“I long for the simplicity of just playing in front of a live audience.”
Perkins has managed a bit of such old-fashioned entertainment this month. He went over the Queensland border on July 11, the day it re-opened, to play a solo acoustic show in Brisbane that night. Gigs in Newcastle and Sydney have followed.
All have been reduced-capacity affairs, but the predictable income they’ve earned has been enough to remind Perkins of the brutal online musical economy in which The Show is attempting to wash its face.
The first episode, featuring psychedelic-surf group Headland and Murray Paterson, co-writer of Perkins’ much-loved Whenever It Snows, was put up on YouTube after premiering in April and has been watched nearly 9000 times there.
The June episode, featuring Byron Shire neighbour Christian Pyle, was only accessible after buying a $10 ‘ticket’. Just over 400 people stumped up.
“I think the ship has long sailed on most people being prepared to pay for music, unless its Spotify or if it’s live in front of you,” Perkins sighs.
However he is pressing on, with this weekend’s edition featuring Tasmanian songstress Lucie Thorne.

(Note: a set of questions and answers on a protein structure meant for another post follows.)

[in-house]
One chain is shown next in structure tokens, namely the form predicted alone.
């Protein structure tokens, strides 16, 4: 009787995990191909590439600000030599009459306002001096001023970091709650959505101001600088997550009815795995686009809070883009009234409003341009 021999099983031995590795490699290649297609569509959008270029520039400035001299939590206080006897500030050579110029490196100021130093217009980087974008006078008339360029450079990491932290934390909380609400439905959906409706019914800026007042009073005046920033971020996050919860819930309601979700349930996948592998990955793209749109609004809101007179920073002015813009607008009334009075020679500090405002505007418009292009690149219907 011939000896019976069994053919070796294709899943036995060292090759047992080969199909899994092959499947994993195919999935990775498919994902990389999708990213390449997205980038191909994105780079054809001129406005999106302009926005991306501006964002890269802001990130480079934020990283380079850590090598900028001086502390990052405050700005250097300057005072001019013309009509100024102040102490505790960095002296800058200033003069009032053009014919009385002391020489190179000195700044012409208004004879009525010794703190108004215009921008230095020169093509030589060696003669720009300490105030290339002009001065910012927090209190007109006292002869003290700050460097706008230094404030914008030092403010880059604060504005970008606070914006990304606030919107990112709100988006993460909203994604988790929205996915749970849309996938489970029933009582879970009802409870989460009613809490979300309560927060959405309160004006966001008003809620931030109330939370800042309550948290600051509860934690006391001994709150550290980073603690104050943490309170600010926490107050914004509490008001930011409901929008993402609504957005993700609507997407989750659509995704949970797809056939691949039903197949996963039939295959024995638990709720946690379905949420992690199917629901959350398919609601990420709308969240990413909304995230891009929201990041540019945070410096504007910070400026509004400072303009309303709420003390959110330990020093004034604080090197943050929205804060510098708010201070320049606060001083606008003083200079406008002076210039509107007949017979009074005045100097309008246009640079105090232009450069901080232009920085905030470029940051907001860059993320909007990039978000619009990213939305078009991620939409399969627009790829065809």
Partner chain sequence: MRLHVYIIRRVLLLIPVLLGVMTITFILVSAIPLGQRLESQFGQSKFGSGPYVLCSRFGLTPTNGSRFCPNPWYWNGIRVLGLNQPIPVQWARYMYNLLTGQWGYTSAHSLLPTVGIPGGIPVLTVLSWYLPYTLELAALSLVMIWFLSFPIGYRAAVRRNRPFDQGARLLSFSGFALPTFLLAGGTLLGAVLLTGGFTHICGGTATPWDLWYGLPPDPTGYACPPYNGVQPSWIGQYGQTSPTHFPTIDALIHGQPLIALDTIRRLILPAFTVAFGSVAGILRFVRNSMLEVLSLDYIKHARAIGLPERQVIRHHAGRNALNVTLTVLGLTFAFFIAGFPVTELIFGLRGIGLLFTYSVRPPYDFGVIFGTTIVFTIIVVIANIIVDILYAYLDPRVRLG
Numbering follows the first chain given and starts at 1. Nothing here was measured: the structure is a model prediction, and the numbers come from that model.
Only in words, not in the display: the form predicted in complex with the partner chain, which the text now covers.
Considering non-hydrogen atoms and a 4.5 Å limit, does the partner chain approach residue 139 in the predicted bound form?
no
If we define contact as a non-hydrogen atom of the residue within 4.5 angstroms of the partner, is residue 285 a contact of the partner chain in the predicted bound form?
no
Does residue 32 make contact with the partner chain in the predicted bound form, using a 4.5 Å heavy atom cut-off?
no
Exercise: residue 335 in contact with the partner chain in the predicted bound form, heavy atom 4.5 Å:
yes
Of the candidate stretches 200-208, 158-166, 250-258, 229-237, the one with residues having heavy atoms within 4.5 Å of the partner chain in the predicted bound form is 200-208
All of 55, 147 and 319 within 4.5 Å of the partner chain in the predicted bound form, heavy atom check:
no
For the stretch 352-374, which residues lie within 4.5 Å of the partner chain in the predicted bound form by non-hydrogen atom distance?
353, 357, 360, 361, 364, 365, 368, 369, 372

“I’ve never found another voice that fits better with my music,” Perkins enthuses about Thorne, a big call from a guy who harmonises with Cold Chisel’s Don Walker in occasional supergroup Tex Don & Charlie.
Perkins would love a sponsor to defray some of what The Show has cost him financially. However he says producing it was never really about the money, but keeping a sense of community in a desperate time for the performing arts.
“I’ve loved seeing my close friends, neighbours and family transform themselves into a multi-faceted creative unit,” he says, mentioning that The Show has given a neighbour’s son with an audio engineering degree his first paid work, and allowed the Perkins’ live-in maintenance man to show off video editing skills.
“I ain’t doing this alone, believe me.”
Episode 4 of Tex Perkins’ The Show premieres at 6pm AEST on Sunday, July 26. Tickets are available at OzTix, and holders can access a Q&A with Perkins after the program concludes.
Michael Bailey writes on entrepreneurship and the arts. He is also responsible for the Financial Review’s Rich Lists. He is based in Sydney.